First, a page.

With this curry you needn’t worry about fat content, calories or a – typically Indian – neverending list of ingredients. The recipe is so simple, I was surprised the short cooking process turned my rather bland fish fillets into a fantastic, beautifully scented Indian treat.
Having tested already several dishes from Rick Stein’s India. In Search of the Perfect Curry, I should have known that, like always, I wouldn’t be disappointed this time. His book has completely changed my – apparently false – idea of the place this category of products occupies in Indian cuisine and encouraged to explore more from this fascinating, well developped chapter. His Squid Curry (posted here) was and still is one of the most delicious Indian and in general seafood dishes I have ever had. Contrary to squid, fish curry is something easily found on restaurants’ menu, but it has always seemed the most neglected dish. Nominated by the author as his favourite curry, this tangy dish proves that not only a fish Indian dish can be genuinely exciting, but it can also become a staple light and quick weekday meal.
As usually, I have slightly modified the recipe, so check Rick Stein’s book to read the original.
TIPS: Fresh curry leaves can be difficult to obtain for many of you, but if you have a possibility to buy them, do not hesitate: their powerful pungent aroma makes this curry unforgettable. At worst you can use dried or frozen leaves, but do not expect a similar strength. I don’t think there is a substitute for curry leaves, so if you cannot get them, just skip them.
While curry leaves are sold in Indian or Pakistani grocery shops, tamarind paste can be find in Chinese/Vietnamese shops too and, in general, it should be much more easier to obtain.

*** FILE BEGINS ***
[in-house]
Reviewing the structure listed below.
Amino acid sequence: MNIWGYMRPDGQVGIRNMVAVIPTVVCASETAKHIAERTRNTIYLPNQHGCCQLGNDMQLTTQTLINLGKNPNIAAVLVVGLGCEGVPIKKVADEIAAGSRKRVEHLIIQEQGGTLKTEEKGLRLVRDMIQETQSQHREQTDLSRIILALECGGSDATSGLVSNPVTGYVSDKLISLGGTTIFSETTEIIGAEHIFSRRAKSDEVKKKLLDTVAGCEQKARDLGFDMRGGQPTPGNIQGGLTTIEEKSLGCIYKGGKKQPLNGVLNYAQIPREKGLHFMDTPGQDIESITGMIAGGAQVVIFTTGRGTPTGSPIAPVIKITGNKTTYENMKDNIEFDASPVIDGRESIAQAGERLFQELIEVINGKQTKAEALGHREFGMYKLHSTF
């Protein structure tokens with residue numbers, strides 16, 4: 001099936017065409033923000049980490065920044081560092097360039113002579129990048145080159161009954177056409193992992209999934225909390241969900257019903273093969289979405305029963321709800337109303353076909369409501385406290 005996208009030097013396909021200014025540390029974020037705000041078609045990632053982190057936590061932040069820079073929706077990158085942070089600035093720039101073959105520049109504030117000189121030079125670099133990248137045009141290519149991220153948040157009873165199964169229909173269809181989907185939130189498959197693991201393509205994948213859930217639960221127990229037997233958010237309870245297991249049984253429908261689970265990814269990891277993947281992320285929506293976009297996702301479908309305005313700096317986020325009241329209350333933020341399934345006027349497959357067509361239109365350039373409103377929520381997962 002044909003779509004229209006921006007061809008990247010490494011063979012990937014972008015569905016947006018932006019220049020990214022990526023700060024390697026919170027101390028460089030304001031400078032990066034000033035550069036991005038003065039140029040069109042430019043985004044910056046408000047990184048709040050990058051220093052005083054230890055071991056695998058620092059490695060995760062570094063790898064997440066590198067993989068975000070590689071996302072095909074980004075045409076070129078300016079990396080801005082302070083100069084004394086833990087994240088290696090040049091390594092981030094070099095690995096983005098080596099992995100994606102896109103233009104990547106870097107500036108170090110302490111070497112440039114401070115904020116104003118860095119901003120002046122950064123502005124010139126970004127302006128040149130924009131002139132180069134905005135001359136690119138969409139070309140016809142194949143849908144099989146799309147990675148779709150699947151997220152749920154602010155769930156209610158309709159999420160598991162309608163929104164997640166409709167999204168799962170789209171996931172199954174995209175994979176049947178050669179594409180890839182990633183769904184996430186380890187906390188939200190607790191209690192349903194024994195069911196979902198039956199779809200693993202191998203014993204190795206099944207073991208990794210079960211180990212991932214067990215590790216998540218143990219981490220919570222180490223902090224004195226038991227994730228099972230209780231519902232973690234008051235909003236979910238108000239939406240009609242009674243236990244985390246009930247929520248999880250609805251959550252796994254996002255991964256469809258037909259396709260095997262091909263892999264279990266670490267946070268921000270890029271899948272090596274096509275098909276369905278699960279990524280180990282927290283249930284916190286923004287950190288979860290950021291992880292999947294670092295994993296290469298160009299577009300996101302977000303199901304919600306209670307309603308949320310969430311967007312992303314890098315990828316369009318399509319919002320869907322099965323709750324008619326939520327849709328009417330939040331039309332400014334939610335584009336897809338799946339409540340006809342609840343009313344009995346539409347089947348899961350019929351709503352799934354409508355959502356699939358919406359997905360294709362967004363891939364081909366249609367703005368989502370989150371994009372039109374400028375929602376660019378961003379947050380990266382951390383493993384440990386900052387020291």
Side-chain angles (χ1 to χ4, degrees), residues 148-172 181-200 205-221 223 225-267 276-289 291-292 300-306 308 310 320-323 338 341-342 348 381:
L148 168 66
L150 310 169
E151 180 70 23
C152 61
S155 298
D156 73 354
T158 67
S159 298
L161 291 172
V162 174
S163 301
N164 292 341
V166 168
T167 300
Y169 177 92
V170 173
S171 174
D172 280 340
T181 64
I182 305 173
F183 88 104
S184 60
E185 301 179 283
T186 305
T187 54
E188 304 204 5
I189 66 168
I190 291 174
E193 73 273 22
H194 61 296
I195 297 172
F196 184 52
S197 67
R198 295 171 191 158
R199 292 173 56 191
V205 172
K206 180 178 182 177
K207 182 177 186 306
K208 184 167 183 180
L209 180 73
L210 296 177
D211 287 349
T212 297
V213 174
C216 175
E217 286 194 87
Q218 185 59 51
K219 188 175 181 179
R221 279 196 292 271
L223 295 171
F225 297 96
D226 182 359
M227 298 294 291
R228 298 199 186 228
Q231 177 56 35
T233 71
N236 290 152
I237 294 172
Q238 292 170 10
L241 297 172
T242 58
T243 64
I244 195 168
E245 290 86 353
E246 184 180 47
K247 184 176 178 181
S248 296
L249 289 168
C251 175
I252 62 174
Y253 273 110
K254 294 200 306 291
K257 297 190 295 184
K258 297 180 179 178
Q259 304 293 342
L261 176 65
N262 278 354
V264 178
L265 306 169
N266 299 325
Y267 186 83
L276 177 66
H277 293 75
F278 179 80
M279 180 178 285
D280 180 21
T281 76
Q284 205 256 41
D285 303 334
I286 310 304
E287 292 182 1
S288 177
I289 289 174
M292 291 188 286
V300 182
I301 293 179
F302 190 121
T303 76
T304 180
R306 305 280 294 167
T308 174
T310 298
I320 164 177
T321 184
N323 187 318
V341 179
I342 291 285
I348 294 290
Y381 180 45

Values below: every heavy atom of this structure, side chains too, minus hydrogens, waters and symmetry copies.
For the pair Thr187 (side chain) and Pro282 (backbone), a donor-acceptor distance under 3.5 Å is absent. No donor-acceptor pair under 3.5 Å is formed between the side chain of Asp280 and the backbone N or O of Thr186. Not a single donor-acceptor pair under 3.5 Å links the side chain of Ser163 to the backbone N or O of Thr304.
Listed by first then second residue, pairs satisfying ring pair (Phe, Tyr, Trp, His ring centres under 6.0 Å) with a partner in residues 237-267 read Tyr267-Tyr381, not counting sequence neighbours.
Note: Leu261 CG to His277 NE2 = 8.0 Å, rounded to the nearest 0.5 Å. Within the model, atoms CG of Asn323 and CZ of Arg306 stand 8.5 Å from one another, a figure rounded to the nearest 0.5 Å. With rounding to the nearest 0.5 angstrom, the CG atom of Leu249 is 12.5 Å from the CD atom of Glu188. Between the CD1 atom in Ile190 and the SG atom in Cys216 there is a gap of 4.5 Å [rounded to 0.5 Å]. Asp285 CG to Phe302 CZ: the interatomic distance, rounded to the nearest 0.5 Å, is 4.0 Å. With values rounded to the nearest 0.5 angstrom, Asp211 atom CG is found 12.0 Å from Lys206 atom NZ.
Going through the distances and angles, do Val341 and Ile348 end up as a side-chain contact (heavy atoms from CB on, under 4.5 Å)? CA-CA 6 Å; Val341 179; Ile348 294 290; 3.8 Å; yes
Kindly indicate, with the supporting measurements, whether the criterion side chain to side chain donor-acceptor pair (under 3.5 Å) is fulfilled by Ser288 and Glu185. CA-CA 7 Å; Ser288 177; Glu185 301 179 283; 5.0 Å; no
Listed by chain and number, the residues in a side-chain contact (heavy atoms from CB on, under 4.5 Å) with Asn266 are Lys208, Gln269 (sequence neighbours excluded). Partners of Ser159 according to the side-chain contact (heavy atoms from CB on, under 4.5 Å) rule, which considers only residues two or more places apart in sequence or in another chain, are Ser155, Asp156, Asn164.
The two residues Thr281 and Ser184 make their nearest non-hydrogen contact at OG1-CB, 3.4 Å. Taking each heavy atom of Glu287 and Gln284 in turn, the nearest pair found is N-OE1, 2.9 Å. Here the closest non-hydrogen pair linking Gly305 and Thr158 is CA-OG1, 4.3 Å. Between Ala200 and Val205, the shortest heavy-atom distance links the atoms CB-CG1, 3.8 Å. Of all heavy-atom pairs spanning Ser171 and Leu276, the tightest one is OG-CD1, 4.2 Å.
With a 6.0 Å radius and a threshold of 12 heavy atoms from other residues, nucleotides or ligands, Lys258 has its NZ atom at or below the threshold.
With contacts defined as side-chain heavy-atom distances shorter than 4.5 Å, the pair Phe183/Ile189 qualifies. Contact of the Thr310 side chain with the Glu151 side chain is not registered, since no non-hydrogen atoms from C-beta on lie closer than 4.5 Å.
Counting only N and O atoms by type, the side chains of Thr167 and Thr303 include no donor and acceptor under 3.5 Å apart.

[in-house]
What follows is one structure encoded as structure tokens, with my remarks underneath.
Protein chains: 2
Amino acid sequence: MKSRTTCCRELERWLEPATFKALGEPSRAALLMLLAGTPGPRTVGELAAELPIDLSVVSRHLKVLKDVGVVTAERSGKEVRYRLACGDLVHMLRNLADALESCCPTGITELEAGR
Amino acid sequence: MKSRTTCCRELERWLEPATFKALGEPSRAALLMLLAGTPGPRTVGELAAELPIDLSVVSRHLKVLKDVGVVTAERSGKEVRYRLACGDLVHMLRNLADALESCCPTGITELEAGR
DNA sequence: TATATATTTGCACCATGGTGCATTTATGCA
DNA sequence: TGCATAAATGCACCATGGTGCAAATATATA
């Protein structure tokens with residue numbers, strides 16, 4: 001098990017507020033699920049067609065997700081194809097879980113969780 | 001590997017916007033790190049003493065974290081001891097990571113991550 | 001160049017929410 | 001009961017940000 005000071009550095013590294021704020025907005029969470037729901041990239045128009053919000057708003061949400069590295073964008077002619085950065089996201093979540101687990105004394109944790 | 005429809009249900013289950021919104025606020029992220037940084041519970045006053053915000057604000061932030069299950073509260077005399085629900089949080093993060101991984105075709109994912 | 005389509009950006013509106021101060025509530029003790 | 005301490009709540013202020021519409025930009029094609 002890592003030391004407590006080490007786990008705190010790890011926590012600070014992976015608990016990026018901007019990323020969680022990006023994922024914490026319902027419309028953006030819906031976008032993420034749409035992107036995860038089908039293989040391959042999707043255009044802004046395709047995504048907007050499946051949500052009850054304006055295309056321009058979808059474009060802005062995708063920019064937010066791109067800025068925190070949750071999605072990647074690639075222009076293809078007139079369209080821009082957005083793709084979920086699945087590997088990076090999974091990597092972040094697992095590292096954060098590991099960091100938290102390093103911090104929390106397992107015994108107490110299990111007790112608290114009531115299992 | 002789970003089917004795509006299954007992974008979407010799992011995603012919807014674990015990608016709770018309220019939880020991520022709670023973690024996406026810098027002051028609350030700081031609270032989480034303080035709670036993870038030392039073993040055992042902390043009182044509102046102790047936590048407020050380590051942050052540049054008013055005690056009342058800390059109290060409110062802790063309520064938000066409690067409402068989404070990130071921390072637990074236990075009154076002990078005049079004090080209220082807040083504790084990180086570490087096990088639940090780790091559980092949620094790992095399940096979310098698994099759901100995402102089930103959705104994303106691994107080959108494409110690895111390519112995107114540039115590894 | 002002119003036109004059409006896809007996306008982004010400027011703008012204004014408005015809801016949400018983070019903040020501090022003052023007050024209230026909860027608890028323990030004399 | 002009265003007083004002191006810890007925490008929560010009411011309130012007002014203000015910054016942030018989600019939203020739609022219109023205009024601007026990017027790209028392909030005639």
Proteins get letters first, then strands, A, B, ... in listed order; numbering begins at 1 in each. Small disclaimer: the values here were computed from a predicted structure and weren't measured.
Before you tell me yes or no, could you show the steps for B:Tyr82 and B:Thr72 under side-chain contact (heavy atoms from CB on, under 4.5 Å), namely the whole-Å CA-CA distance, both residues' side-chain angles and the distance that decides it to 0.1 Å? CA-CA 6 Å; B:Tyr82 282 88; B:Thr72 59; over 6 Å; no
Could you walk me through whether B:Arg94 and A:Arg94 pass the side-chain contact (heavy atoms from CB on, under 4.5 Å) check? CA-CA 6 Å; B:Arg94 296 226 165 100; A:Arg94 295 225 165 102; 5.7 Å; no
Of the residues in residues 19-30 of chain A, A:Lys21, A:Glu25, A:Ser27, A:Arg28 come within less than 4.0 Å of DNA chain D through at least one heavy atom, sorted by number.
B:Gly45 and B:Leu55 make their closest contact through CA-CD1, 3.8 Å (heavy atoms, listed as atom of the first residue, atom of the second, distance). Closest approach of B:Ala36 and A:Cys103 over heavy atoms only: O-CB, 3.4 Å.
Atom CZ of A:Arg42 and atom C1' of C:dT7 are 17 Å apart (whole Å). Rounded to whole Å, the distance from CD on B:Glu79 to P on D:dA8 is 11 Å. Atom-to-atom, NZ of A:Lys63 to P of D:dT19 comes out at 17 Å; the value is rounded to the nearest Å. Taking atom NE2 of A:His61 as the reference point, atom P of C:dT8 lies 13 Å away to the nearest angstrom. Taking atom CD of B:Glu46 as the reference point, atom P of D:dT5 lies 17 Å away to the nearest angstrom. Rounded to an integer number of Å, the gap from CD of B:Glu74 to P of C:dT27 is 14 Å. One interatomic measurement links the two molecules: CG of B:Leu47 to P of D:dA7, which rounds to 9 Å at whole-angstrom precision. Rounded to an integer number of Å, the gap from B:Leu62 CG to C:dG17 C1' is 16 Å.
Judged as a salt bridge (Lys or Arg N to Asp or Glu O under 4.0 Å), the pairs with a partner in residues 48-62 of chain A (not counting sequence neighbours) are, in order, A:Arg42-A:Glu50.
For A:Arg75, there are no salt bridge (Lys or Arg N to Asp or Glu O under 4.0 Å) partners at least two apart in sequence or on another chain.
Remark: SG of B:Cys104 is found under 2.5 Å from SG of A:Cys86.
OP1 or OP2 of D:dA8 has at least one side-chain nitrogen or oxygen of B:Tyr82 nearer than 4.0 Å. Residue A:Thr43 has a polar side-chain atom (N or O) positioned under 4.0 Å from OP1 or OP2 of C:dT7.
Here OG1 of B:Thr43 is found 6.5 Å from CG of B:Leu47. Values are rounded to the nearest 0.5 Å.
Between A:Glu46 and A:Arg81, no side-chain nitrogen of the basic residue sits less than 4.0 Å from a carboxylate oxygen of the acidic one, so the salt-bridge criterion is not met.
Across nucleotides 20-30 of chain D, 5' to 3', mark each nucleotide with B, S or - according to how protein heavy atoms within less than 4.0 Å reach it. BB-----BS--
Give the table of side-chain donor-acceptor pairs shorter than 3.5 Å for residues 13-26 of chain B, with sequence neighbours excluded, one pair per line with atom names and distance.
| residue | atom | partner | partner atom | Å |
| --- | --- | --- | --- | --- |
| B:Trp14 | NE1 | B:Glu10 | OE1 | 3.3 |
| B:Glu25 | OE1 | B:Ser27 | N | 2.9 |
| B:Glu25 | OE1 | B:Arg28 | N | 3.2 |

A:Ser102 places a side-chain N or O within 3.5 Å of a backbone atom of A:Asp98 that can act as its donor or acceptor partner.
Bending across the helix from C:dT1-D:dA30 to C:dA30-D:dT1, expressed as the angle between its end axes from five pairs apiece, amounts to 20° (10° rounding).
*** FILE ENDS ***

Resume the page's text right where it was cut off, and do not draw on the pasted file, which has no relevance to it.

Keep on tasting the dish and adjust the acidity: I found myself adding much more tamarind paste than advised because somehow tangy sauce went better with this fish.
Tamarind is sold in three forms (from what I have noticed): fresh (I have never used), plastic-wrapped blocks, which are diluted in hot water and then strained to obtain a “juice” or ready-to-use pastes (jam consistency) in jars. I prefer blocks because they keep for years and are tangier. (See below how to use them.) Tamarind pastes/jams are ready to use but since I stopped using them a long time ago I have no idea which amount corresponds to the below tamarind “juice”, so if you use this form, keep on tasting and adjust to your preferences.
Preparation: about 30 minutes
Ingredients (serves 4 if served only with rice and a vegetable side-dish):
700 g (about 1,5 oz) firm fish fillets or whole fish chunks, cut into big pieces (the author suggests oily fish as the best, but my lean fish fillets were also delicious)
a 4 cm square of tamarind block
3 tablespoons oil
1 big onion
3 big garlic cloves, crushed or grated
1 tablespoon yellow mustard seeds
1 tablespoon Kashmiri chilli powder (or any chilli powder you have)
1 tablespoon powdered coriander
1 tablespoon turmeric
30 fresh curry leaves
400 g (about 14 oz) canned tomatoes or fresh chopped tomatoes or chunky tomato sauce
2 very hot green chillies or 4 medium hot
salt to taste
Put the tamarind block square into a glass or bowl and pour about 150 ml boiling water over it. Stir well until it dissolves more or less and put aside. (If you have tamarind paste/jam, start with one tablespoon and then adjust the taste; I have no idea how much of this product should be used).
Chop the onion.
Salt slightly the fish fillets or chunks.
Cut the small chillies lengthwise into thin strips or if they are bigger, into diagonal slices.
Give the tamarind liquid a good stir and strain, pressing to a fine strainer.
Heat the oil in a pan and fry the mustard seeds for 30 seconds.
Add the onion and stir fry for about 5 minutes.
Add the garlic and stir fry until the onion becomes light golden (make sure none of them burns).
Add the ground spices (chilli powder, coriander, turmeric) and the curry leaves.
Stir fry for about 1 or 2 minutes (you might need to add some oil here if the spices stick too much).
Add the strained 100 ml of tamarind “juice”, the tomatoes, the chillies and season with salt.
Let the sauce simmer for 10 more minutes.
Adjust the flavours (adding more tamarind juice if needed).
Place the fish delicately on top. Cover and cook until the fish is ready (5-10 minutes).